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The list of 2020 retail bankruptcies just got longer.
Ascena Retail Group, the operator of clothing chains Ann Taylor and Lane Bryant, filed for Chapter 11 bankruptcy on Thursday, as a business slowdown stemming from the coronavirus pandemic exacerbated existing problems for the retailer.
The Mahwah, New Jersey-based company operates nearly 3,000 stores, primarily at malls, and has been hurt by debt stemming from acquisitions and declining sales. Customers have lost interest in brands like Ann Taylor, which had long been popular with young women building an office wardrobe.
In 2015, Ascena had sought to turn itself into an apparel retail conglomerate buying Ann Inc, parent of Ann Taylor and Loft, for $2 billion. The bet being that economies of scale and more clout with mall landlords could improve their financial performance. But the company ultimately doubled down on an area of retail that went on to shrivel: malls.
“Ascena has suffered more than some other apparel brands because too much of its business is in the murky middle ground of fashion. It delivers neither great value nor great fashionability,” Neil Saunders, managing director of GlobalData Retail, wrote in a research note. “That was a slow killer before the pandemic hit.”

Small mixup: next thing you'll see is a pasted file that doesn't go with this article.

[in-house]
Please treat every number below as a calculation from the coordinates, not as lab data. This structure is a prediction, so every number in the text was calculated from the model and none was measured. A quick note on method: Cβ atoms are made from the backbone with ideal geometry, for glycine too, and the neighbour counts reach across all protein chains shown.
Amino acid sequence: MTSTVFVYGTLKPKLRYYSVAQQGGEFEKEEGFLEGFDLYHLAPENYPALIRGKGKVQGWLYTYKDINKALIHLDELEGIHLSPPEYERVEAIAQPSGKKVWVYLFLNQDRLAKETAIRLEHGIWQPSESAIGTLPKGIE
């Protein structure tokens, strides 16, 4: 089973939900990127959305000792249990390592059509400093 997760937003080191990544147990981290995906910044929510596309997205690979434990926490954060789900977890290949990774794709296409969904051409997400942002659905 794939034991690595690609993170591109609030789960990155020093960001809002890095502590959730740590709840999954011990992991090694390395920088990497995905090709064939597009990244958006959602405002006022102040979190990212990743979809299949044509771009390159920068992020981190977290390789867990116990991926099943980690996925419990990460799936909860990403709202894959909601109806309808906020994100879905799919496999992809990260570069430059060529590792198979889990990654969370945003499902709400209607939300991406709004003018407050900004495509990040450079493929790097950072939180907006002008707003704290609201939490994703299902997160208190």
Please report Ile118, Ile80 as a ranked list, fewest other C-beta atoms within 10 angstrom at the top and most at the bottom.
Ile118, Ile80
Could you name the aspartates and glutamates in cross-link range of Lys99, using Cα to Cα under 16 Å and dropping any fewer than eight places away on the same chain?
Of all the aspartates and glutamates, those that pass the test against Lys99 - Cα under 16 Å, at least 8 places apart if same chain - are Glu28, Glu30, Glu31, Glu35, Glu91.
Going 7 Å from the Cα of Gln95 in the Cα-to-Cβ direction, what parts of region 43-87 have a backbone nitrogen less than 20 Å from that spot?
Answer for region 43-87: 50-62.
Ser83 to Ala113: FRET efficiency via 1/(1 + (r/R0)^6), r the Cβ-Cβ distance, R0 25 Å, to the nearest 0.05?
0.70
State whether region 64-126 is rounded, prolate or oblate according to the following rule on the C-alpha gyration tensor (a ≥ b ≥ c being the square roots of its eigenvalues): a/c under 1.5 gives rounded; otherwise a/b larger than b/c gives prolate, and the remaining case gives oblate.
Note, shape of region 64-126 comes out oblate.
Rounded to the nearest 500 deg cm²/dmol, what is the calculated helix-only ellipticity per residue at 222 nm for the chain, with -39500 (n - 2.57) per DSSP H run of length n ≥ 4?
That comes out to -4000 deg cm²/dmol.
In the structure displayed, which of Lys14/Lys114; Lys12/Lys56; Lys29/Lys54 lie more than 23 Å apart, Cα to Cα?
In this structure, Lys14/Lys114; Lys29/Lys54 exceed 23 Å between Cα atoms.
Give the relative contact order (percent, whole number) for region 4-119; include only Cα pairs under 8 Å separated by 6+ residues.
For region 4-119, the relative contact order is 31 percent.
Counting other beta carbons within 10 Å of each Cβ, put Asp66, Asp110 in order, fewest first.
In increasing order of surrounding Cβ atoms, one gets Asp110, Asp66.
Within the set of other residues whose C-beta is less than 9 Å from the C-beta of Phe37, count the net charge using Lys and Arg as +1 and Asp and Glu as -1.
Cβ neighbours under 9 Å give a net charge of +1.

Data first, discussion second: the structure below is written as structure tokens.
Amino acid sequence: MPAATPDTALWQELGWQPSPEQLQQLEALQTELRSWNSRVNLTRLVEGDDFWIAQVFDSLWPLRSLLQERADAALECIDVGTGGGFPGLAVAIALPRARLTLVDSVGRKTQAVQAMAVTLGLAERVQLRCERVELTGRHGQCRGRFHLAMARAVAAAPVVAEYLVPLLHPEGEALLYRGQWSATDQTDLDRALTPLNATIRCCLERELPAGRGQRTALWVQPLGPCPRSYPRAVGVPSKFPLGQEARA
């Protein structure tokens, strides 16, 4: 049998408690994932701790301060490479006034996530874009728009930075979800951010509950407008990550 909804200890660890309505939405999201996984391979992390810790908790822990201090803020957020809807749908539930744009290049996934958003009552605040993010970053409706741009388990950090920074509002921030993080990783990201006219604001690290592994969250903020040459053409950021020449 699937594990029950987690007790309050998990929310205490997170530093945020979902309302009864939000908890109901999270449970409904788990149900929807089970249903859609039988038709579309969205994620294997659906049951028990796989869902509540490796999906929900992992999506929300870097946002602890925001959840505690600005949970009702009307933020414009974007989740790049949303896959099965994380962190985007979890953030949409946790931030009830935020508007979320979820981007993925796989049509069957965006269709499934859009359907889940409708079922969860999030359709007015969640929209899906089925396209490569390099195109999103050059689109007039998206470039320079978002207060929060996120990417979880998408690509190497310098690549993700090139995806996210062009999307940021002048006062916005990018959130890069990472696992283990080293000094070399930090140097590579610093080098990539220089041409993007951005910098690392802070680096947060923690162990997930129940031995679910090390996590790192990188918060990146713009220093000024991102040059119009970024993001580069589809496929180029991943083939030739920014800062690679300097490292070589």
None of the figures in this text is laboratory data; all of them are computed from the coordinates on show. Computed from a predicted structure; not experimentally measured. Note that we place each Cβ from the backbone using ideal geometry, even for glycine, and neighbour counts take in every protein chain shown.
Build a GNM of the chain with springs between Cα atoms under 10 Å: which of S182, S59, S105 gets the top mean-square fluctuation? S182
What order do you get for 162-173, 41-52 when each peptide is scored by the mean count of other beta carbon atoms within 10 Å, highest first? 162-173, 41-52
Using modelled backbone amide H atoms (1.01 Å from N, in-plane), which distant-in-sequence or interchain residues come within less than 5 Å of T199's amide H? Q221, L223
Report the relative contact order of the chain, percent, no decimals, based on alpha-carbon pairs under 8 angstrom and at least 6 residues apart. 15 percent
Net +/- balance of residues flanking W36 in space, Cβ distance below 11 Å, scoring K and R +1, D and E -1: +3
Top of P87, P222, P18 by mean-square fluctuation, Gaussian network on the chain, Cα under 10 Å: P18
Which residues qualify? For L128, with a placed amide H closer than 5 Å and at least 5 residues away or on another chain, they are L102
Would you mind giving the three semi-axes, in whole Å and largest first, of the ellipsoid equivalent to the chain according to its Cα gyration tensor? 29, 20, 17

As part of its bankruptcy plan, Ascena plans to close all of its Catherines stores and “a significant number” of Justice stores, but only ax a “select” number of Ann Taylor, Loft, Lane Bryant and Lou & Grey stores. Ascena will exit Canada and Mexico altogether. Earlier this year, it shut down its Dress Barn chain.
The company’s agreement with its creditors, subject to bankruptcy court approval, eliminate a big chunk of its debt and bring it down to $1 billion.
Ascena joins a growing list of retailers that have filed for bankruptcy protection this year: Brooks Brothers, Neiman Marcus, J.C. Penney, J.Crew and Stage Stores, among many others.
In Ascena’s fiscal third quarter, at the peak of the COVID-19 shutdowns, revenues fell 45%. In its most recent full fiscal year, Ascena had revenue of $5.5 billion.
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